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PR for Writers & Filmmakers

Preparing for a Media Interview

It’s easy to spend so much time focusing on how to land media coverage that how to handle the interview itself is not given much consideration. That is a mistake. You don’t want to squander an opportunity after working so hard to secure it.

The following is a checklist to review before any media interview. Some tips are TV-specific, but even those can be useful to keep in mind during radio or phone interviews since you can use those as practice for future on-camera opportunities.


Interview Prep Checklist

  • Keep your voice modulated. Be dynamic, but not frenzied. Your mission here is not to alter your personality, but to enhance it.
  • Do practice interviews. If you can hire a media trainer, great. If not, practice with a friend or in front of a mirror. Review the potential questions and answers prior to any interview. Have both your information and your delivery ready to go. That way, when the media does respond, you’ll be ready.
  • Review your wardrobe. If you wear jewelry make sure it is simple, subtle, and does not move or make noise. Keep clear of stripes, herringbone, or anything with small patterns or designs.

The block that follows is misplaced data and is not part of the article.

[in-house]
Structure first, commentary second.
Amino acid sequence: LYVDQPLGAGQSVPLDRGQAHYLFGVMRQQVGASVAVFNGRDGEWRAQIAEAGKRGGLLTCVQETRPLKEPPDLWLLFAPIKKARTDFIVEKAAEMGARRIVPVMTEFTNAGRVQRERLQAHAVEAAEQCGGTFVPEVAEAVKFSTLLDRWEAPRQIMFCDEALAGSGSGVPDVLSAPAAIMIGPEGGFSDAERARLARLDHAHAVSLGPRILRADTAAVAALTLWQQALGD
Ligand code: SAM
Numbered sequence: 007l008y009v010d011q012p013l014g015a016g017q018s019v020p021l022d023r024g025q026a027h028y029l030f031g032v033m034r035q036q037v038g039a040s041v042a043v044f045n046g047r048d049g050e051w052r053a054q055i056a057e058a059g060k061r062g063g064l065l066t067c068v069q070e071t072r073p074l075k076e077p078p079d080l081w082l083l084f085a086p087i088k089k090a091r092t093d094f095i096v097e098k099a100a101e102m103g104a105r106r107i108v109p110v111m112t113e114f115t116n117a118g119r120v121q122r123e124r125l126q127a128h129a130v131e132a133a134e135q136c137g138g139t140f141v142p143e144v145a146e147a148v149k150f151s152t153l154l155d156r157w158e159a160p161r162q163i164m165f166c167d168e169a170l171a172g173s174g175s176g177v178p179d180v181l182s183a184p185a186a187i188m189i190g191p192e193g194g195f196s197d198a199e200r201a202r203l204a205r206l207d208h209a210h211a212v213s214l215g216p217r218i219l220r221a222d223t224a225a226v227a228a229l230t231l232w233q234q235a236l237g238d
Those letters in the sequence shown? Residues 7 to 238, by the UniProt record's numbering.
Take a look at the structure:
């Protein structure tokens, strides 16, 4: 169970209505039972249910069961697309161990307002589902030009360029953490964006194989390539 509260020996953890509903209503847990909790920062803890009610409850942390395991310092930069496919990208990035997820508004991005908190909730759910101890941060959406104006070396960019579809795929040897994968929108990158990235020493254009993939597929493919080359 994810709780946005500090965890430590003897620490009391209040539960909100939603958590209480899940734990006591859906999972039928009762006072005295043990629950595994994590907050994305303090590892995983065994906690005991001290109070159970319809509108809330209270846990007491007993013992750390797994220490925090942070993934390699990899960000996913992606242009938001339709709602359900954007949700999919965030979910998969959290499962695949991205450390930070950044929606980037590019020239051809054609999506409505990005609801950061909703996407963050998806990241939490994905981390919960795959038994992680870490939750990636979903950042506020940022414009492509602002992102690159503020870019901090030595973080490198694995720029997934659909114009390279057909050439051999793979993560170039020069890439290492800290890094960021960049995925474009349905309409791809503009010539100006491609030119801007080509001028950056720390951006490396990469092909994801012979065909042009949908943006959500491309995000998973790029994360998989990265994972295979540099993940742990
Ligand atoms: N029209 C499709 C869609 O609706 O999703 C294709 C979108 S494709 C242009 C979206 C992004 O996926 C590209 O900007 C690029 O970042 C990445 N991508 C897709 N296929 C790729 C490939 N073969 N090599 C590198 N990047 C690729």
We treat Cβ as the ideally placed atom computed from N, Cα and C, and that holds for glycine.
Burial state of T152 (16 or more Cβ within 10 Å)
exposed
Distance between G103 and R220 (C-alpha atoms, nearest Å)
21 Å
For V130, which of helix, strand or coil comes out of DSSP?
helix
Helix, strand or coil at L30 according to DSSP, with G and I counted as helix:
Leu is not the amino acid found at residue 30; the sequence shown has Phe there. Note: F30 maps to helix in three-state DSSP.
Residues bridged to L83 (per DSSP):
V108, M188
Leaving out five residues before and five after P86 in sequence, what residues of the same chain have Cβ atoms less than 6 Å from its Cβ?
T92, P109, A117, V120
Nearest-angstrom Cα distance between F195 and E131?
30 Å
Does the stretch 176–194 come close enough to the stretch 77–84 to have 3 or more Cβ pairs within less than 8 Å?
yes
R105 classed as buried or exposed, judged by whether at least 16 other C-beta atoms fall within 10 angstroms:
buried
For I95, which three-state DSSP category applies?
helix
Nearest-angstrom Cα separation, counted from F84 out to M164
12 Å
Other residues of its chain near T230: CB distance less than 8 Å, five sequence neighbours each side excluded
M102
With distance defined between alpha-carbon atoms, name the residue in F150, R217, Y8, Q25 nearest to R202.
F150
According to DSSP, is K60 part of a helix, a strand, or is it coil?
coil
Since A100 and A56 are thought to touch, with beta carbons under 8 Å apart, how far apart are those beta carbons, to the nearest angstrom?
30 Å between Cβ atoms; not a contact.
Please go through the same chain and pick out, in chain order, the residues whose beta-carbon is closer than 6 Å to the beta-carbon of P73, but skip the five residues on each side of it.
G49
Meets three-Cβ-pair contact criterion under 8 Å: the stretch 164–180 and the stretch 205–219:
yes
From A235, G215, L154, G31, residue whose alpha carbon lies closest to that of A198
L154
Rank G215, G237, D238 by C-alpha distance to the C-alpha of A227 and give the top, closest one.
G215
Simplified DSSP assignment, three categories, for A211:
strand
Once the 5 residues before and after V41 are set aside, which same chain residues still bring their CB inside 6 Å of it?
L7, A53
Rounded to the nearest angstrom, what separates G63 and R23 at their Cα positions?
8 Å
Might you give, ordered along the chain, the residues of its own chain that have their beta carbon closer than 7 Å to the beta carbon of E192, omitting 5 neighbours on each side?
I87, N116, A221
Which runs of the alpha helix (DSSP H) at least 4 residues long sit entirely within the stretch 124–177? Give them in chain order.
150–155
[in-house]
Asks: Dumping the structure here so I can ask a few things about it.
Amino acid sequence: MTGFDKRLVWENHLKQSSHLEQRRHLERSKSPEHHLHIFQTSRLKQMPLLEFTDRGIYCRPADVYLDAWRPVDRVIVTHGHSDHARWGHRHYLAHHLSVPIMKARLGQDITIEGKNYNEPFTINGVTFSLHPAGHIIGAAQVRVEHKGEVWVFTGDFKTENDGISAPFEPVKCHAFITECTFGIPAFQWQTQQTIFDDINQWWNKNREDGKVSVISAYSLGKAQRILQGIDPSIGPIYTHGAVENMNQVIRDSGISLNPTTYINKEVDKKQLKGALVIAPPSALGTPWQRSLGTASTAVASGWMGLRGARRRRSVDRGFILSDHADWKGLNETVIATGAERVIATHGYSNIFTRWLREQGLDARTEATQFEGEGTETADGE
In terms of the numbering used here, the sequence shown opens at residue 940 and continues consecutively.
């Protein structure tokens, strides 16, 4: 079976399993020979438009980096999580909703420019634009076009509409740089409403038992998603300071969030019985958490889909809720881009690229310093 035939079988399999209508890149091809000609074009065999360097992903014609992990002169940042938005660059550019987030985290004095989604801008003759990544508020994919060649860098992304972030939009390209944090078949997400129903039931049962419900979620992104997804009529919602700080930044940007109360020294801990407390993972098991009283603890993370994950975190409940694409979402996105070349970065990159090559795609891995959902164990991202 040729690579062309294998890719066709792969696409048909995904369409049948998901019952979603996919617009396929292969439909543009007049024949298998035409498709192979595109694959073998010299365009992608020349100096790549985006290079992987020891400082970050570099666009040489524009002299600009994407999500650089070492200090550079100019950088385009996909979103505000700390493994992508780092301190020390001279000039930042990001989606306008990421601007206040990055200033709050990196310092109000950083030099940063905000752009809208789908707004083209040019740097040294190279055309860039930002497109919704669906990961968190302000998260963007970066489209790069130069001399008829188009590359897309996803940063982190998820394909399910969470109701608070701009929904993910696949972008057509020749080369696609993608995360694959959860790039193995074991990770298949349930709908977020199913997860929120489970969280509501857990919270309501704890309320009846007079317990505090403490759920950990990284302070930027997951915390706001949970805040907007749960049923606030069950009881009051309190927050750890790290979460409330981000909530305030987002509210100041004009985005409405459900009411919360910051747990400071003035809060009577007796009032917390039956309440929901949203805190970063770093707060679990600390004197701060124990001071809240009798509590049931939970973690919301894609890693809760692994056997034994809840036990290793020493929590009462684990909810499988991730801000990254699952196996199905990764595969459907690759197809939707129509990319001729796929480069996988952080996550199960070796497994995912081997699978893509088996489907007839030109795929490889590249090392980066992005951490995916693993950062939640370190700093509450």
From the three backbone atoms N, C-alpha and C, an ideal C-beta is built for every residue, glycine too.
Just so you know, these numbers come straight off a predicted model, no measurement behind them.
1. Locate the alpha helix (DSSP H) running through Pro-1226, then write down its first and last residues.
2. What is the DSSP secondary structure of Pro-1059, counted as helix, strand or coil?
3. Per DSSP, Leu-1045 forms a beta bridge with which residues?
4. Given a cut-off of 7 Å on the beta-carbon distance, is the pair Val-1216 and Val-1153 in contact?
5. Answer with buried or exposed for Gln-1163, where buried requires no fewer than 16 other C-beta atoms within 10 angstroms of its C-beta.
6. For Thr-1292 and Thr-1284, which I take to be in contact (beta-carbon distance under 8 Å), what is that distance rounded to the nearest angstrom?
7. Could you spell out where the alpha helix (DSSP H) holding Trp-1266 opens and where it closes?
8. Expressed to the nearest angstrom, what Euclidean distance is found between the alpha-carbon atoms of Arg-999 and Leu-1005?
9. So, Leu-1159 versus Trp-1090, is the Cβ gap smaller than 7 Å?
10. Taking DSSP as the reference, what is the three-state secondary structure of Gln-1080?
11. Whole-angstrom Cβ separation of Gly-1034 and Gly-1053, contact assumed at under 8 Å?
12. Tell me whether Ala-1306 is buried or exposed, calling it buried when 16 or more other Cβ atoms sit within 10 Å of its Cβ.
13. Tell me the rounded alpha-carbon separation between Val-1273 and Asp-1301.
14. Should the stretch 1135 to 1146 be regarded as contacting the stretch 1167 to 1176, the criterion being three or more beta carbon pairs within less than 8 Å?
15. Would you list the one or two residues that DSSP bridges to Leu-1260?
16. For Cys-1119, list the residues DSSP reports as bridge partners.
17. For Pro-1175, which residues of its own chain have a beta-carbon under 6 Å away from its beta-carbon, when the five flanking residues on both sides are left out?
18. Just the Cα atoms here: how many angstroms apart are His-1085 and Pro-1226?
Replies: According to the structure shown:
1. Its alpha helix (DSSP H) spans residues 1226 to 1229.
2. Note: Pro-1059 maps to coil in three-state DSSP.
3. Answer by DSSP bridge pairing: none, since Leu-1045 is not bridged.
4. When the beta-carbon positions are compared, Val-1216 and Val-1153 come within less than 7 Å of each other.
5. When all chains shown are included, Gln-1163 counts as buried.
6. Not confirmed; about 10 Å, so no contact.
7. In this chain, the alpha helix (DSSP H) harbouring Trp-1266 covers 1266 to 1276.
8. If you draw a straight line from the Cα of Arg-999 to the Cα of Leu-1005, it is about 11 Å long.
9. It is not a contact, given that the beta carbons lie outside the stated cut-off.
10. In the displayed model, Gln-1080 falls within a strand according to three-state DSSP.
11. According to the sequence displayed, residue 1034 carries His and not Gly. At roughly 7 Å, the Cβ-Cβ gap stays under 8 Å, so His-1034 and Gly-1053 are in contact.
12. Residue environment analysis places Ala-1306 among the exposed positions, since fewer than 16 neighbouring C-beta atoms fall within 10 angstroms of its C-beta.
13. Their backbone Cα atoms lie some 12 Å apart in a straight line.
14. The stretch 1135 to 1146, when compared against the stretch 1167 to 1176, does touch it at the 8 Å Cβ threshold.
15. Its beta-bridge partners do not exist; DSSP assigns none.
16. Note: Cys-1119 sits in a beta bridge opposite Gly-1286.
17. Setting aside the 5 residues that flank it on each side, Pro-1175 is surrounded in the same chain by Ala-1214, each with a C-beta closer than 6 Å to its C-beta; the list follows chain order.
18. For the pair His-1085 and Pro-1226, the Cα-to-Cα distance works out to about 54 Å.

• Pick three main points that you want out there and practice weaving them into your answers.
  • Review the image you want to convey—small town and friendly, authoritative, professional, humorous, artistic, formal and business-like, etc. Remember, you’re not altering your personality, but enhancing it.
  • That might sound obvious, but people often forget once they’re on TV.
  • Sit erect, but let your body relax.
  • Listen to the questions—don’t assume you know where the interviewer is going or try to anticipate the questions.
  • If you have facts, figures, or statistics, use them.
  • Give concise answers. You don’t want to give a yes or no response, but you also don’t want to reply with a three-page meandering monologue.
  • If an interviewer makes a statement that you do not agree with, say so—tactfully.
  • Don’t stray from the subject.
  • If you don’t know the answer to a question, it’s okay not to know something. You can say that it’s something you have to review and back to them.
  • If you don’t understand a question, it’s fine to ask the interviewer to rephrase it. Don’t try and respond to a question you’re not sure about. Always ask for a clarification.
  • Have fun with it. Enjoy the process.

And, congratulations on the interview.

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